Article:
W3C libwww Using

Rule File Syntax

This section described the syntax of a rule file as supported by the Rule File Filter in libwww. Please read the section on Rule Files for a full description of the rule file API.

File Suffix Bindings

The W3C Sample Code Library can use suffixes to discover the content-type, content-encoding and content-language of a file. The Library contains a long list of commonly used file suffix types but the application doesn't have to use this. In any case, the following configuration directives can be used to add new suffix bindings and override existing defaults:

Binding Suffixes to MIME Content-Types

As well as any mapping lines in the rule file, the rule file may be used to define the data types of files with particular suffixes. The Library has an extensive set of predefined suffixes, but applications do not need to use this. The syntax is:

	AddType .suffix representation encoding [quality]

The parameters are as follows:

The last part of the filename. There are two special cases. *.* matches to all files which have not been matched by any explicit suffixes but do contain a file suffix delimiter. A file suffix delimiter is often a dot <.> but it can be defined as an arbitrary character, please see the Suffix Binding Module for details. * by itself matches to any file which does not match any other suffix.

A MIME Content-Type style description of the representation in fact in use in the file. See the HTTP spec. This need not be a real MIME type - it will only be used if it matches a type given by a client.

A MIME content transfer encoding type. Much more limited in variety than representations, basically whether the file is ASCII (7bit or 8bit) or binary. A few other encodings are allowed, and maybe extension to compression.

Optional. A floating point number between 0.0 and 1.0 which determines the relative merits of files xxx.* which differ in their suffix only, when a link to xxx.multi is being resolved. User to 1.0.


	AddType	.html	text/html		8bit	1.0
	AddType	.text	text/plain		7bit	0.9
	AddType	.ps	application/postscript	8bit	1.0
	AddType	*.*	application/binary	binary	0.1
	AddType	*	text/plain		7bit

Binding Suffixes to MIME Content-Encodings

Suffixes are also used to determine the Content-Encoding of a file (.Z suffix for x-compressed, for example). Syntax is:

	AddEncoding .suffix  encoding


	AddEncoding .Z  x-compress

Multi language Support

Multi language support is also built on using suffixes to determine the language of a document. Suffix is bound to a language by AddLanguage rule (.en suffix for English, for example). Syntax is:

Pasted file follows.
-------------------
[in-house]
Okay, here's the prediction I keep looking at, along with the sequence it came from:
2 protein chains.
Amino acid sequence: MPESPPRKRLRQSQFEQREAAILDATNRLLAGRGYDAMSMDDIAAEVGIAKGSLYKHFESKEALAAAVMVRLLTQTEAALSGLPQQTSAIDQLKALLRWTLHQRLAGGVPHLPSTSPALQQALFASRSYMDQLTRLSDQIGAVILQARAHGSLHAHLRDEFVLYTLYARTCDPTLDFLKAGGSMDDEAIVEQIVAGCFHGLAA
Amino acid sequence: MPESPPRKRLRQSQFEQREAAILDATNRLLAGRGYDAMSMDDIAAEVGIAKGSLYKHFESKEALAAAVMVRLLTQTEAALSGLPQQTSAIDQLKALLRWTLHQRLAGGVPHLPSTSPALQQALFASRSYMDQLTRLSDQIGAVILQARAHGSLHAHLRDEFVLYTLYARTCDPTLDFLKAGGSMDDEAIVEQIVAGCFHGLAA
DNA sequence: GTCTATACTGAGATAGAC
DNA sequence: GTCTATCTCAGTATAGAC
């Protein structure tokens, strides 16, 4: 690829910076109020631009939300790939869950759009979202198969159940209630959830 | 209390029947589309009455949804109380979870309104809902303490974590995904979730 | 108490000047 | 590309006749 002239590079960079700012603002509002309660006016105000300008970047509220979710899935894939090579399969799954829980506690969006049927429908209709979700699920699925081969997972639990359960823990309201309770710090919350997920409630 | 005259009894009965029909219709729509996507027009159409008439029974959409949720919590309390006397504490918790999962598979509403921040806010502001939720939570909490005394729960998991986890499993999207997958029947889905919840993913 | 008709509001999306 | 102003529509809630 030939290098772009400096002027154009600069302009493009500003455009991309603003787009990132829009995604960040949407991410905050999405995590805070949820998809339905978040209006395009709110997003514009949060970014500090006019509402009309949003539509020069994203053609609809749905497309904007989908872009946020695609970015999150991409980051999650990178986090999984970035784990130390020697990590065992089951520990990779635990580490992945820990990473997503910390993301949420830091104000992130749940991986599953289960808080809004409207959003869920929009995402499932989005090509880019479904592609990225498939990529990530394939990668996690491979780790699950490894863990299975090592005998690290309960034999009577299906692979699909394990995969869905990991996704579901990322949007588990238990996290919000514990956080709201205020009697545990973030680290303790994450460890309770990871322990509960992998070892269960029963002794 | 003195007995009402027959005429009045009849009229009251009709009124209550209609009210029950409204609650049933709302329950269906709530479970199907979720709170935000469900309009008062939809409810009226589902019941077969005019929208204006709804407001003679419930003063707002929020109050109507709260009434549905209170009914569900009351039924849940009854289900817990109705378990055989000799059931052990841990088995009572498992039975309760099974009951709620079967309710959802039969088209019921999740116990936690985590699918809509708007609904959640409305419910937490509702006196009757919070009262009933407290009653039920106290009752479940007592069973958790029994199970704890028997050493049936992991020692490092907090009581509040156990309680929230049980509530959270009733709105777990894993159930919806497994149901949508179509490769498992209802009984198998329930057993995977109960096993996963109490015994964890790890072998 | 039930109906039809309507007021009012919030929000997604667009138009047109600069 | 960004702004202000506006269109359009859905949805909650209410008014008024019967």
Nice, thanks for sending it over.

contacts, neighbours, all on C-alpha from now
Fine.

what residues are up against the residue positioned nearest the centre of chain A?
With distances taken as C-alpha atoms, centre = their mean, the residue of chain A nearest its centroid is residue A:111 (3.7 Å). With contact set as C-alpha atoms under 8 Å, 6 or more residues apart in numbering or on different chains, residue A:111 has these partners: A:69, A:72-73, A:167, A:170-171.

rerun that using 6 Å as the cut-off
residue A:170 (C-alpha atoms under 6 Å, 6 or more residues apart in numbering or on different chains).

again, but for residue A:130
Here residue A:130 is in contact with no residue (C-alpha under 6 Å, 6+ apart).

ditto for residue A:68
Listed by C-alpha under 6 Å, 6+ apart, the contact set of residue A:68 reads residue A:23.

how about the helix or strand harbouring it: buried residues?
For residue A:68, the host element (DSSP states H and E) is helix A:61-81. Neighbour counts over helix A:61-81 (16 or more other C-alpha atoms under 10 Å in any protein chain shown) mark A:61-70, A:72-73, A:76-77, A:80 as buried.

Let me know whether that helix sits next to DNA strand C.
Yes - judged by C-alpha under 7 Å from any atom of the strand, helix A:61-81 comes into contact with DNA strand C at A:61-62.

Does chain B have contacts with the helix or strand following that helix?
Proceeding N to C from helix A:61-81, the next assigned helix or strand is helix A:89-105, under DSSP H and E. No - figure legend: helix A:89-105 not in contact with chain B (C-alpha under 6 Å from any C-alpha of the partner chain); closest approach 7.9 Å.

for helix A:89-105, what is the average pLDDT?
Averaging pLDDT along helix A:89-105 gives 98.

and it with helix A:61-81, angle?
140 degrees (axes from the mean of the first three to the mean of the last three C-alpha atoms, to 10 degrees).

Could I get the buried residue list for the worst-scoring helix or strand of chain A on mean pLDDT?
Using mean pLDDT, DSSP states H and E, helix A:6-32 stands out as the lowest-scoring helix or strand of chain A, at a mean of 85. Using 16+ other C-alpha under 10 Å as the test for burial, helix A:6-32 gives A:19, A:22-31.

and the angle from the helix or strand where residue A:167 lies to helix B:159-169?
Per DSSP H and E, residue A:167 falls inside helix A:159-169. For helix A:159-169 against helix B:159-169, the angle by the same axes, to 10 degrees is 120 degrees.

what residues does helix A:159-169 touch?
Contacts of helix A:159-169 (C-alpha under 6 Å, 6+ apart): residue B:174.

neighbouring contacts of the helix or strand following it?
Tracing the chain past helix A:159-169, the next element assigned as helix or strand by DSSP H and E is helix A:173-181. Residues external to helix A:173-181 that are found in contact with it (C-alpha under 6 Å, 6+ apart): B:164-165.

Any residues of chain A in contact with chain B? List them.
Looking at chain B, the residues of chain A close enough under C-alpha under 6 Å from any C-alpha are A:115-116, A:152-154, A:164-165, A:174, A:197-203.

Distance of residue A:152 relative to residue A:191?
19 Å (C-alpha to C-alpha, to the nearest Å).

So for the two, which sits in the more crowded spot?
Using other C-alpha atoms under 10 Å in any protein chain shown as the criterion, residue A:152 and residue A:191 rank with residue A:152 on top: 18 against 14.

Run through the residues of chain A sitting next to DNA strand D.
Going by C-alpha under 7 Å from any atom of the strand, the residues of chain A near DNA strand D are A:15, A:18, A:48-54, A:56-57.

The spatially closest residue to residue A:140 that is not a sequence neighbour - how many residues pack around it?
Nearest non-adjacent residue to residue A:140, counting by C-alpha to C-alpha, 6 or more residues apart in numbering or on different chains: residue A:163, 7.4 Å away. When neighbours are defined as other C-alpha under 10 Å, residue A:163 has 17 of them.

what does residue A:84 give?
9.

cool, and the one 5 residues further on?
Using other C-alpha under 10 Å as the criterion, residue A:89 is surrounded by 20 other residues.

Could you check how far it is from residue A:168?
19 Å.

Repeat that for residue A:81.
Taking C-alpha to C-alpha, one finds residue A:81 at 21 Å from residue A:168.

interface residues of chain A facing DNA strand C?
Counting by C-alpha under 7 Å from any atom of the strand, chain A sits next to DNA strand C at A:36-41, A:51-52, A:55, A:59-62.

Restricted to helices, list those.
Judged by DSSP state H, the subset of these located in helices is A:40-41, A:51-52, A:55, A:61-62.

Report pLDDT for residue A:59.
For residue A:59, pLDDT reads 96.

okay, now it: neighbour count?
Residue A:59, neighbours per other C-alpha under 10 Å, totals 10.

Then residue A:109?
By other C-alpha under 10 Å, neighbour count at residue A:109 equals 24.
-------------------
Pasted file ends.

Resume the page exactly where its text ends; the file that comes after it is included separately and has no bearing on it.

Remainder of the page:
AddLanguage .suffix  encoding


	AddLanguage	.en	en
	AddLanguage	.dk	dk

External Viewers and Presenters

In order to expand the set of content types that can be handled by an application, you can specify a set of external viewers which can handle specific content types. This is for example often the case for postscript viewers etc. This is quite similar to a mail cap file, but the Library doesn't have a real Mail cap file parser.

	Presentation representation command [quality]


	Presentation application/postscript	ghostview	0.5

Proxy Servers and Gateways

You can also specify proxies and gateway using the Library rule file. You can lao read more about how libwww handles proxies and gateways in the User's Guide.


Proxies can be set up as follows:

	Proxy		scheme	proxy

And the parameters are:

The first part of a URL, for example http, ftp, or gopher. Remember that access schemes are case sensitive!
A full URL specifying where the application can go in order to access the resource. When saying a full URL, it means that you must use the normal URL syntax as specified by RFC 1831. Note in the example below that the access scheme differs from the scheme we want to proxy!


	Proxy	http	http://proxy.foo.com:8000/
	Proxy	ftp	http://proxy.foo.com:8000/
	Proxy	gopher	http://proxy.foo.com:8000/

You can also specify a set of domains where we shouldn't go via a proxy server even though the rules indicated by the proxy directive above indicates that we should. Often you want to be able to handle a few exceptions from the proxy rule - especially if the remote host is either very close or on a high bandwidth connection.

	NoProxy		hostname	scheme	port

Registers a host name or a domain as a place where no proxy should be contacted - for example a very fast link. If port is not indicated then it applies to all ports.


Gateways can be set much like proxies:

	Gateway		scheme	gateway


	Gateway	wais	http://www.w3.org:8001/

URL Mapping Rules

Rules define the mapping between virtual URLs and physical file names. Currently the following rules are understood:

Mapping, Passing and Failing

There are three main rules: Map, Pass and Fail. The server uses the top rule first, then each successive rule unless told otherwise by a Pass or a Fail rule.

Map template result
If the address matches the template, use the result string from now on for future rules.
Pass template
If the address matches the template, use it as it is, processing no further rules.
Pass template result
If the string matches the template, use the result string as it is, processing no further rules.
Fail template
If the address matches the template, prohibit access, processing no further rules.

When matching,

Henrik Frystyk Nielsen,
@(#) $Id: RuleSyntax.html,v 1.9 1999/01/26 13:55:47 frystyk Exp $